Oklahoma Gov. Kevin Stitt (R) signed a bill Tuesday that bans virtually all abortions after six weeks of pregnancy, threatening to sharply curtail abortion access for both Oklahomans and Texans who have traveled to Oklahoma since their state passed a similar ban last year—a move that comes as the Supreme Court appears poised to overturn abortion rights nationwide.
Stitt announced that he signed the law—known as the Oklahoma Heartbeat Act, or SB1503—in a Tuesday afternoon tweet, after the State House passed it on Thursday and the state Senate passed it in March.
The law prohibits abortions if a physician can detect a “fetal heartbeat,” which typically takes place after around six weeks of pregnancy, with exceptions for medical emergencies but not for pregnancies following rape or incest.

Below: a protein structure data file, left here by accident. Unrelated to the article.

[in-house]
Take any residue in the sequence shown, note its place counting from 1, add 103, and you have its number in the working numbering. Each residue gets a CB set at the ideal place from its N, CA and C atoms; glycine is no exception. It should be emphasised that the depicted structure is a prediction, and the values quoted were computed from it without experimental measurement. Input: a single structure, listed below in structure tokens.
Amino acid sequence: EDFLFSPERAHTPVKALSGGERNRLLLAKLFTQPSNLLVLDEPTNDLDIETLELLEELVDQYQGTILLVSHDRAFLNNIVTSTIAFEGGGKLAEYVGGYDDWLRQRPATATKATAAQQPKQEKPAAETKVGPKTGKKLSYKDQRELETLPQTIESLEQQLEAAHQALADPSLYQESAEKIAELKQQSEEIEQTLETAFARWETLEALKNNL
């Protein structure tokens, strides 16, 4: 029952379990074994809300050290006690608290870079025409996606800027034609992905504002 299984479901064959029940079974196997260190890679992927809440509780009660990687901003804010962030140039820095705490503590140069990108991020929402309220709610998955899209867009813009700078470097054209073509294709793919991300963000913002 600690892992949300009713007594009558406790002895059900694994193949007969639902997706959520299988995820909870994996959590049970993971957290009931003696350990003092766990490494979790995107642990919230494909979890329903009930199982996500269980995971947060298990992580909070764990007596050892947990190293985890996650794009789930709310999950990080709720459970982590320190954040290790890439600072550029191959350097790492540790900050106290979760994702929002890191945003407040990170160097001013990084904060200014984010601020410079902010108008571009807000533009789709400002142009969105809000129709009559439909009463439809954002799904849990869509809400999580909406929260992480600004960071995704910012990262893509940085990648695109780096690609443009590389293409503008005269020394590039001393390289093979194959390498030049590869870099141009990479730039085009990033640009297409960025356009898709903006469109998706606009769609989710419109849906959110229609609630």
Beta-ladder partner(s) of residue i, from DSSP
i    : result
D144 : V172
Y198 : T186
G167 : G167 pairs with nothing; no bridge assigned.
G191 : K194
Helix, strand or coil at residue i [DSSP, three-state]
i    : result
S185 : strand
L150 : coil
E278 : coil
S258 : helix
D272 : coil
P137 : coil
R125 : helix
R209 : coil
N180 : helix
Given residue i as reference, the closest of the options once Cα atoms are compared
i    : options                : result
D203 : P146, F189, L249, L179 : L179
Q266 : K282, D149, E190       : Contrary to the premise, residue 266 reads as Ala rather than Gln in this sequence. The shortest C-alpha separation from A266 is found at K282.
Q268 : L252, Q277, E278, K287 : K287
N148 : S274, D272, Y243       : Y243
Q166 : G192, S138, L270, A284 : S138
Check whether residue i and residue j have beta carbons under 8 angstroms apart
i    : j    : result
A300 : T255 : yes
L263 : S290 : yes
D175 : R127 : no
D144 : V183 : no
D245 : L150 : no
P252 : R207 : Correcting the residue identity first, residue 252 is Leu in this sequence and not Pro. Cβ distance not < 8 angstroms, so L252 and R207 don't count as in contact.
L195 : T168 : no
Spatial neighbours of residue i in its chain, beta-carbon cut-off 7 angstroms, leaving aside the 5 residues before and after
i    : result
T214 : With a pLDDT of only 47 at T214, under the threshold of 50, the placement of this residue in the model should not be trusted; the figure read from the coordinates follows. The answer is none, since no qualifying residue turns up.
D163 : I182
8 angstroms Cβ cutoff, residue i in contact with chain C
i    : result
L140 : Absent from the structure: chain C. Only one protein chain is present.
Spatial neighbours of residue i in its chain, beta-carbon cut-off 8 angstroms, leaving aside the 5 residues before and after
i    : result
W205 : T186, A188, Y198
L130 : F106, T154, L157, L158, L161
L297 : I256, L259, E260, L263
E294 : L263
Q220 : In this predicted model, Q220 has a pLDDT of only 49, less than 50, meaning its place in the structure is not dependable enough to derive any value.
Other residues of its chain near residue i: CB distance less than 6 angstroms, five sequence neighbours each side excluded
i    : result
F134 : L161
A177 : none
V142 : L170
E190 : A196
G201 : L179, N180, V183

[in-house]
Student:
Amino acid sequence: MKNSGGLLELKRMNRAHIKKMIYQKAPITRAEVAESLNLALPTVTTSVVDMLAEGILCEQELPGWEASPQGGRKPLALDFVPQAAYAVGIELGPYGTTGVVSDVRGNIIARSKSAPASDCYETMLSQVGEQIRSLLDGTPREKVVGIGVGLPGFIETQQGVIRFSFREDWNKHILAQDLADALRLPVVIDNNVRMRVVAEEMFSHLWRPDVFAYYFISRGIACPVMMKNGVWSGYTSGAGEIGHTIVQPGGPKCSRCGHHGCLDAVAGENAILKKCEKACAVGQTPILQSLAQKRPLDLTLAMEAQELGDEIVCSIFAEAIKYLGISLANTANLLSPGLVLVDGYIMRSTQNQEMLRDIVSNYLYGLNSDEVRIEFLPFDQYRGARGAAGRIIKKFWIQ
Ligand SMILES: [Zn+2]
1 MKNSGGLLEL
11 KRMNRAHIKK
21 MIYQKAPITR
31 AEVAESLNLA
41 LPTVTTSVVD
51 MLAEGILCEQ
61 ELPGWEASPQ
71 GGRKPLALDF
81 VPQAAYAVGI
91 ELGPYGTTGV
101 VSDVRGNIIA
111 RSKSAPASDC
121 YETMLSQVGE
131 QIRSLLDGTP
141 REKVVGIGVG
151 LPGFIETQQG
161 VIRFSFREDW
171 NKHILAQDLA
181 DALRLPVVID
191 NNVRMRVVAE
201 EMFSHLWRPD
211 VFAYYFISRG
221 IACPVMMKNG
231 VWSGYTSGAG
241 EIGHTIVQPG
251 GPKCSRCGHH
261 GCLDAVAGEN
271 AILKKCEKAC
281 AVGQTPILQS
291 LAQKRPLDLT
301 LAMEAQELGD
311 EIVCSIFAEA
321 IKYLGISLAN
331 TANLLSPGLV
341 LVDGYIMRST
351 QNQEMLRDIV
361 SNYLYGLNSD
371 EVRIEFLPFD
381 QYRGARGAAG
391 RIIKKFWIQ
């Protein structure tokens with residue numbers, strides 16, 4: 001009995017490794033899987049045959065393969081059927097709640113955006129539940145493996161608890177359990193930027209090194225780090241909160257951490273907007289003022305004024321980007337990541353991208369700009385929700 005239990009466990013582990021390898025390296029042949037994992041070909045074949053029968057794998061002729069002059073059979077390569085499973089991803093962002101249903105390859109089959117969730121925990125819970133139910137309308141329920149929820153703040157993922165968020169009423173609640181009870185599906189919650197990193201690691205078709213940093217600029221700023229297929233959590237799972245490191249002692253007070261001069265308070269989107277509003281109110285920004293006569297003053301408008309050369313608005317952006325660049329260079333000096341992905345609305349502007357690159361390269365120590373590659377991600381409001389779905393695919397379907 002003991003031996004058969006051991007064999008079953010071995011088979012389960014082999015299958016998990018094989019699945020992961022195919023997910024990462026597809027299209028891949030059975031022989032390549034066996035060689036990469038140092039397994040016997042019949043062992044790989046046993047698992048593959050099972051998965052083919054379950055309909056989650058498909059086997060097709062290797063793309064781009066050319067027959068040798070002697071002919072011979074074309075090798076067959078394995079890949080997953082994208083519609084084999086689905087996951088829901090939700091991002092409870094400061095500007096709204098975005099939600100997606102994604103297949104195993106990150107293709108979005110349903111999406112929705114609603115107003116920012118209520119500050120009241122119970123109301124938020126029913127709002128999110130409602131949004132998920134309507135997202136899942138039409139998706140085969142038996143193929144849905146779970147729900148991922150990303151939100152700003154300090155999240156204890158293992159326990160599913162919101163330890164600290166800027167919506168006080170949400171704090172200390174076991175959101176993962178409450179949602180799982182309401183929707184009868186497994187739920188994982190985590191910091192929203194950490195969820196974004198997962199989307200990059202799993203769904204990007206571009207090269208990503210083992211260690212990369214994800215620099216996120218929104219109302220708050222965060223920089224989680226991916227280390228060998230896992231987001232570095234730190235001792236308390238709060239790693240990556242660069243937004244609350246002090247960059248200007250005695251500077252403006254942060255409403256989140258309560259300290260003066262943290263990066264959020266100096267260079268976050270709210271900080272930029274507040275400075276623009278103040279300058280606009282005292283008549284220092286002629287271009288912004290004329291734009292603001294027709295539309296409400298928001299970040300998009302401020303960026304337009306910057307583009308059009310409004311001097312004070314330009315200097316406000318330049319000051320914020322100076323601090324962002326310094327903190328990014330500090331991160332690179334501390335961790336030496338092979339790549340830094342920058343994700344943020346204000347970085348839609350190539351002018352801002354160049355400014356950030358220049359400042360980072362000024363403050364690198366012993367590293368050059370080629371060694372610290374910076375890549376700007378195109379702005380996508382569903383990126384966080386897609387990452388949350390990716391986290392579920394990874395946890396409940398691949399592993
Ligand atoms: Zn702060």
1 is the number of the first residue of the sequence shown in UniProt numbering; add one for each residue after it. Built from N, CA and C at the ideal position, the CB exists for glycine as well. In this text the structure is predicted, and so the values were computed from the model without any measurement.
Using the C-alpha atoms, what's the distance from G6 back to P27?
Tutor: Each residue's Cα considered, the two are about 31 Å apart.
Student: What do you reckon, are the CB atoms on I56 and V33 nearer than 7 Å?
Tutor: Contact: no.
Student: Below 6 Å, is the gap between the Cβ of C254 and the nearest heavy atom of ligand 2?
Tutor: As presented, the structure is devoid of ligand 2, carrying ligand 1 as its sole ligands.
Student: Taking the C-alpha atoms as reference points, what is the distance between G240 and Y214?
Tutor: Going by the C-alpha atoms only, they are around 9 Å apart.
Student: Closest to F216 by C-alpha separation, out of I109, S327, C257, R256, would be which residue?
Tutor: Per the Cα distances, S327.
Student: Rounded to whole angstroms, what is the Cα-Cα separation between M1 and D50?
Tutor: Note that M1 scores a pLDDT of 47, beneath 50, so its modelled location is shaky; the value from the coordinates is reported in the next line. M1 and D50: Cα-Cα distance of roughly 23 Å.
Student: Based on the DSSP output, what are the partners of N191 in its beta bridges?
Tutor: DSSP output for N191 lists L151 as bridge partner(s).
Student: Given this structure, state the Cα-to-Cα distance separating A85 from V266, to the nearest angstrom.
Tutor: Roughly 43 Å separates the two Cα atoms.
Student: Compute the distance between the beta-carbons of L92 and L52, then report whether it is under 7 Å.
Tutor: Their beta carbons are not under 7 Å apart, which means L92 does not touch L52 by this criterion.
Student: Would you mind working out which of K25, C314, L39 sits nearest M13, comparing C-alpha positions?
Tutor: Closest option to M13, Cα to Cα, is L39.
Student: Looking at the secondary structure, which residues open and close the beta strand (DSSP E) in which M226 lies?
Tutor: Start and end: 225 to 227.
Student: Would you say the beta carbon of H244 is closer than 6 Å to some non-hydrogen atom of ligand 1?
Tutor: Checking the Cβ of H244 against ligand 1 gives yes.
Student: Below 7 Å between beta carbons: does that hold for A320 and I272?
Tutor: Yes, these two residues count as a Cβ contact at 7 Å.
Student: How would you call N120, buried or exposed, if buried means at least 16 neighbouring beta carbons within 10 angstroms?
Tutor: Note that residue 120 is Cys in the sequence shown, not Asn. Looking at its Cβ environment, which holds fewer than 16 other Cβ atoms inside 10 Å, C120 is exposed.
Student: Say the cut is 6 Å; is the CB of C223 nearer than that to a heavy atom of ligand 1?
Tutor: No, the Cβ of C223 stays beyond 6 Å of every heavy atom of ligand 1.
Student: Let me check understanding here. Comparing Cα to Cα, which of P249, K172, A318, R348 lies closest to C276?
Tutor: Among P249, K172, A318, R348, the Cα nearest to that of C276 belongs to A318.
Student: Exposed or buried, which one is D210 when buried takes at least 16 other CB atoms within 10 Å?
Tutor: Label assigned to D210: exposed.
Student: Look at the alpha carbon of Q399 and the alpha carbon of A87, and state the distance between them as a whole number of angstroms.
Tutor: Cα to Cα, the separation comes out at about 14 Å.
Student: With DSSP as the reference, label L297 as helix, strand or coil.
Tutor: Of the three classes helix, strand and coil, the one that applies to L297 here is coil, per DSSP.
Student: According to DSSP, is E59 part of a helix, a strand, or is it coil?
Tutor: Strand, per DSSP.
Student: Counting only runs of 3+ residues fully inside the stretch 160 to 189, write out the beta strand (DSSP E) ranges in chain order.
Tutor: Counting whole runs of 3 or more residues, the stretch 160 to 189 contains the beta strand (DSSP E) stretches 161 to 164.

This ban is enforced by allowing private citizens to file civil lawsuits against anybody who “aids or abets” an abortion, not including women who receive the procedure—an unusual enforcement structure almost identical to Texas’ six-week abortion ban, which courts have so far repeatedly declined to overturn.
Last month, Stitt also signed into law a near-total abortion ban that would make performing an abortion a felony, but that law doesn’t take effect until August.